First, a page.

The Flash’s mid-season finale saw Barry be arrested for the murder of Clifford DeVoe. “The Trial of the Flash” picks up immediately after the events of the last episode and there has never been more investment in a courtroom drama than the one laid out here (even though I’m sure the show jumped through many legal hoops for the purpose of the narrative). Even though the episode heads in a clear direction with all evidence pointing to Barry’s guilt, there’s still enough suspense surrounding the actions of Joe and Iris and how they are dealing with the trial. It all culminates in a solid final few minutes despite several episode hiccups throughout.
The Flash, since its inception, has always used the metahuman of the week story. Most of the time the metas themselves are quite forgettable and this has never been more true than with Neil Borman, aka Fallout (guest star Ryan Alexander McDonald). Borman is a meta who can spread radioactive energy and infect everyone around him without realizing. This subplot only proves to be a major distraction from the trial. The one shining moment comes when Barry saves the day. Otherwise, the subplot’s only purpose is to give Cisco, Harry, and Caitlin something to do. What the meta story should have done was flow seamlessly between the trial proceedings, but it actually takes us out of it instead. It’s with these scenes, and some of the lagging in the courtroom as well, which causes the pacing to stutter. The indifference to this particular meta story is strong and the overall subplot proves irritating, further pointing to the issue of STAR Labs being a crutch for the show and hindering more fluid storytelling as well as the development of characters outside its walls.
Even knowing what the outcome would probably be before episode’s end, it’s still hard to sit through the trial. Watching the prosecutor, Anton Slater (guest star Mark Valley), put Captain Singh on trial, question Marlize, and listen to him take down Barry filled the episode with some suspense. Barry, a changed man after breaking out of the speed force at the beginning of the season, is ironically the one with the most hope. Still, with his shoulders set, face heavy, and head bowed during several parts of the trial, it looks more like he’s resigned himself to the fact that he’ll be rotting in jail sooner than later. The fact that he’s being sentenced for a murder like his father echoes throughout the episode, culminating in the final minute as Barry discovers he’s been given the cell his father used to occupy. The Flash loves its parallels, but this one really hurts. The juxtaposition while Barry is being sentenced while The Flash is being praised as a hero is particularly well done and really hits home emotionally. However, the episode does feel like it, pardon the pun, runs through its plot without much impact. Barry is on trial for murder, but to quote the judge, the episode on the whole feels “unmoved” by the proceedings. “The Trial of the Flash” could have easily gone on for longer without lagging if it had been paced well enough, but alas.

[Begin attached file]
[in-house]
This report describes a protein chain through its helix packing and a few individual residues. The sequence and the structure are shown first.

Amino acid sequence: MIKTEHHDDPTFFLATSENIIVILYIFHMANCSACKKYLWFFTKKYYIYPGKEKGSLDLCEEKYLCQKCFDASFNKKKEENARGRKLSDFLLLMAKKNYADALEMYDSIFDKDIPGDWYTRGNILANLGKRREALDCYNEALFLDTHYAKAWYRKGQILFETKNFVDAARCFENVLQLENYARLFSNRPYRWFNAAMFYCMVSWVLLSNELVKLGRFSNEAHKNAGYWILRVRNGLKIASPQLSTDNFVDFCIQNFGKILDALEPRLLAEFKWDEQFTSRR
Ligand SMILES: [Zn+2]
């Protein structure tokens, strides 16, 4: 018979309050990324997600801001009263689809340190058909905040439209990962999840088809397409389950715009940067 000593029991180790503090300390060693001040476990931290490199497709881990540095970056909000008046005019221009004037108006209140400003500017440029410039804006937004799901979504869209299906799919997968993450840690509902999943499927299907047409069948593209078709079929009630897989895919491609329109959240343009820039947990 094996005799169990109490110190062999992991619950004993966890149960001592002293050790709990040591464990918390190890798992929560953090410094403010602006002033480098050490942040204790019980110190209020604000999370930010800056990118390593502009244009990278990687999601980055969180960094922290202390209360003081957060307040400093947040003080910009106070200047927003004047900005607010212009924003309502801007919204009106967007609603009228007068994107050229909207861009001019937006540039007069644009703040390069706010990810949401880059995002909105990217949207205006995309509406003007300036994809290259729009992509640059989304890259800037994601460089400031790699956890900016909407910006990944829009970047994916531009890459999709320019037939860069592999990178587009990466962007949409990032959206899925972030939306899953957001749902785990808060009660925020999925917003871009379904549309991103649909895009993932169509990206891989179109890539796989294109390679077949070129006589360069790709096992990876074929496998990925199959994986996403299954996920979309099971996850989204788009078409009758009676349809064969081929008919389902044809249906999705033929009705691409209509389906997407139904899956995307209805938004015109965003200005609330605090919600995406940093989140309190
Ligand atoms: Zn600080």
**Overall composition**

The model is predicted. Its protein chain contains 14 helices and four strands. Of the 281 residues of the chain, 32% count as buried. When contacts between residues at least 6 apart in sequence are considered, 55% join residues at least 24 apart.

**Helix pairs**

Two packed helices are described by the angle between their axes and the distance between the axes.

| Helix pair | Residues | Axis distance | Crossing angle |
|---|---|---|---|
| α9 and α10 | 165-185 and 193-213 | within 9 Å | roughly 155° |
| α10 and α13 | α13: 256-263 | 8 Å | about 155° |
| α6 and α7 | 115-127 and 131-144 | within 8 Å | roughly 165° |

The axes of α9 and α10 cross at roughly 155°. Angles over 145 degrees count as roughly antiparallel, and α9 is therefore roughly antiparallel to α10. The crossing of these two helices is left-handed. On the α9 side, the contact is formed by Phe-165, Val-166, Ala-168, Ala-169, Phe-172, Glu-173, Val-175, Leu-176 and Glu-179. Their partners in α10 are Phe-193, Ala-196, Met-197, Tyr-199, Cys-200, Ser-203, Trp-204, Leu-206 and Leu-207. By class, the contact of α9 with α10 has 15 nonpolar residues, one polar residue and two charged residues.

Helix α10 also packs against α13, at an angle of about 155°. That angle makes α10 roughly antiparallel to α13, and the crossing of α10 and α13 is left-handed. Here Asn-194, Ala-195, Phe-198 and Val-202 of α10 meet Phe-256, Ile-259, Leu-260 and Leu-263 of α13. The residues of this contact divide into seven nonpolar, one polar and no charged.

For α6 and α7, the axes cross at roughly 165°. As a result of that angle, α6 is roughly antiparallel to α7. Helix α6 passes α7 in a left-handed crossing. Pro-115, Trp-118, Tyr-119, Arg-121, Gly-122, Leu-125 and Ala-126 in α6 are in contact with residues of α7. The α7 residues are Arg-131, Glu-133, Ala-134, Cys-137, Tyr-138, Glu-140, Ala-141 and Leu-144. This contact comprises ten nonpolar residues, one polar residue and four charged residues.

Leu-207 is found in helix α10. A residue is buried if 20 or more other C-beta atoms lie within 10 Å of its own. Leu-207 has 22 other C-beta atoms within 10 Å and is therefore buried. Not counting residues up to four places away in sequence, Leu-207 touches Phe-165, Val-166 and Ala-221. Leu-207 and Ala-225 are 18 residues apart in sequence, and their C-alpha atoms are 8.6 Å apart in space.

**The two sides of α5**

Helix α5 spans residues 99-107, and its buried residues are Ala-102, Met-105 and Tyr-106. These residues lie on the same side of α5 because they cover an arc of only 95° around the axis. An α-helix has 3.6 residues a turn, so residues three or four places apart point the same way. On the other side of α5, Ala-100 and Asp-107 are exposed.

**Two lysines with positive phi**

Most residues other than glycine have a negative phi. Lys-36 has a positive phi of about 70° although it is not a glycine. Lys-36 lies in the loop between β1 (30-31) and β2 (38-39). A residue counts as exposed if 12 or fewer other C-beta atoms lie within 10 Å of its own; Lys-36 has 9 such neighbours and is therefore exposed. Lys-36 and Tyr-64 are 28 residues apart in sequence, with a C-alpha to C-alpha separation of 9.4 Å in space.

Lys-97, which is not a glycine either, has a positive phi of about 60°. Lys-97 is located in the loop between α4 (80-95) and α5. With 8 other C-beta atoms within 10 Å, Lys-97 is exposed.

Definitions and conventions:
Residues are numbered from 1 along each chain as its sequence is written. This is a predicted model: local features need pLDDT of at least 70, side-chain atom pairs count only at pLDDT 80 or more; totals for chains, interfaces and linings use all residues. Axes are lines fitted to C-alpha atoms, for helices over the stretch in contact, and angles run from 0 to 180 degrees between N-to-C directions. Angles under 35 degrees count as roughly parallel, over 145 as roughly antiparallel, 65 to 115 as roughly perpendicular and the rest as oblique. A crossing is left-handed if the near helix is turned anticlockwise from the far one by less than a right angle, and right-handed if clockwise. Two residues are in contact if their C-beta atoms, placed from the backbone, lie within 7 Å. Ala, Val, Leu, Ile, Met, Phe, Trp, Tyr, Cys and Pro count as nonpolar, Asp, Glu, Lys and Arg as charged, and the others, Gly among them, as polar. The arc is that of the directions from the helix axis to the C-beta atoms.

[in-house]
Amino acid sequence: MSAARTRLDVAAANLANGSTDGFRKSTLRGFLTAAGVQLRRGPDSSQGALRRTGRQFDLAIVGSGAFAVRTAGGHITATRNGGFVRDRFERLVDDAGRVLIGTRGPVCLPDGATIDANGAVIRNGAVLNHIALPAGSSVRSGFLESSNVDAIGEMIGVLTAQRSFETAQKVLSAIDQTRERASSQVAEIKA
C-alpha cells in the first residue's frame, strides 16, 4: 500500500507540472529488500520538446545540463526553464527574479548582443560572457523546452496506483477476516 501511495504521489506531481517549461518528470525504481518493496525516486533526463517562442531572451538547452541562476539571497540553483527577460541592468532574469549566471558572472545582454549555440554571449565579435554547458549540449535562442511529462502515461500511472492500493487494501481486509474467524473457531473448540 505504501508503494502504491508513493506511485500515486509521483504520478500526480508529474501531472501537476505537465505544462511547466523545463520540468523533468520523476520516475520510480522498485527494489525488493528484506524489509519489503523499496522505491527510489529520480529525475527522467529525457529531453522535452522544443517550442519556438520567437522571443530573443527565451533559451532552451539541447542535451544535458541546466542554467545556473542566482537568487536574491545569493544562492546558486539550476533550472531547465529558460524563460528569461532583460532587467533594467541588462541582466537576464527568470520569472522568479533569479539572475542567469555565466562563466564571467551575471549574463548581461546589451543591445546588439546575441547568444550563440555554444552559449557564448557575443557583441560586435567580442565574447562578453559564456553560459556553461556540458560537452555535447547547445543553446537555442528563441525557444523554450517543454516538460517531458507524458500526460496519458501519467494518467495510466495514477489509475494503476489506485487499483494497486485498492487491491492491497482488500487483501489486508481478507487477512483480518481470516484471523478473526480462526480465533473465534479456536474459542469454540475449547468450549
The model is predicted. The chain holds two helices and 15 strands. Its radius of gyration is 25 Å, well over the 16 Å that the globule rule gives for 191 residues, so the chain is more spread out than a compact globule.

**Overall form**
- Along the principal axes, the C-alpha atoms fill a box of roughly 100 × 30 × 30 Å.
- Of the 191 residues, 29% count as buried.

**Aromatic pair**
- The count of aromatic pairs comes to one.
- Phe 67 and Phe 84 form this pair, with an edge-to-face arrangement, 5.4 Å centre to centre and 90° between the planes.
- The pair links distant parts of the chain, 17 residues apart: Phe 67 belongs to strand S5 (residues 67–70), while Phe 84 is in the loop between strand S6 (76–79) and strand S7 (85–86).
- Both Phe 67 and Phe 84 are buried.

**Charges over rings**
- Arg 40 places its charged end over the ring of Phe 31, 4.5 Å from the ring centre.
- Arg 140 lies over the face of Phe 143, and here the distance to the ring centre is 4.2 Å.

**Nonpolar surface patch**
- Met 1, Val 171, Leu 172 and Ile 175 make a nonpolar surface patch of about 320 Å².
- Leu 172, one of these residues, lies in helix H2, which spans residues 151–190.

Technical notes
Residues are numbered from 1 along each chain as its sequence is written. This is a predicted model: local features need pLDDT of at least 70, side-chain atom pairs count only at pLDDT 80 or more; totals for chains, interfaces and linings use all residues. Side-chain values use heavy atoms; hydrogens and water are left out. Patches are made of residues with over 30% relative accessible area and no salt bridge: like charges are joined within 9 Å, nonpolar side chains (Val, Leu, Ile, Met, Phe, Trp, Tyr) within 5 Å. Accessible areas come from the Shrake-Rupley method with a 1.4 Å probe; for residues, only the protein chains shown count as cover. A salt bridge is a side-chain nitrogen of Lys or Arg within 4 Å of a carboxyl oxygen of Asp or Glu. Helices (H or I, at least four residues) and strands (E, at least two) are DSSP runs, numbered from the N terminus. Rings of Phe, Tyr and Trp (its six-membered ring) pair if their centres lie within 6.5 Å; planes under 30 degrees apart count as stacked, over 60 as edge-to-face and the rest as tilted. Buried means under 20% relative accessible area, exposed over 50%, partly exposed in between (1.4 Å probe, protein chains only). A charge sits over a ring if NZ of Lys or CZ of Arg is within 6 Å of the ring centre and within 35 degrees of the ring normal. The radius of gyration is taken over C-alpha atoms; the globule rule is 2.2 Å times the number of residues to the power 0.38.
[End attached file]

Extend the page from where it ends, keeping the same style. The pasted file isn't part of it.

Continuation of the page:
Throughout the episode Iris is being triggered left and right–from the prosecutor’s words, to the hopelessness, and Marlize’s lies. She’s unraveling and speaking with Marlize, who had just given a tremendous sob story to the jury (and insinuated that her “affair” with Dominic was approved by her husband), sent her over the edge of how much she could handle and showcased just how far she’s willing to go to protect her husband. It reminds me of last season’s episode, “Attack on Central City,” in which Barry is seriously thinking about killing Grodd if it means protecting Iris and saving her from death at the hands of Savitar. But it is Iris who tells him it isn’t worth losing himself to save her. This time, the tables have turned and Iris is willing to go to great lengths to protect and save Barry from being convicted while he’s the one to talk her down. While I struggled a bit in believing Iris would out Barry like that, thinking back on all she’s been through in the last year–from a death sentence looming over her head to losing Barry to the speed force, her wedding being crashed by Nazis and now this–it’s easy to understand why she attempts to do it. You can see her struggle over the course of the entire episode and I’m so glad The Flash continues to showcase her inner and outer emotions.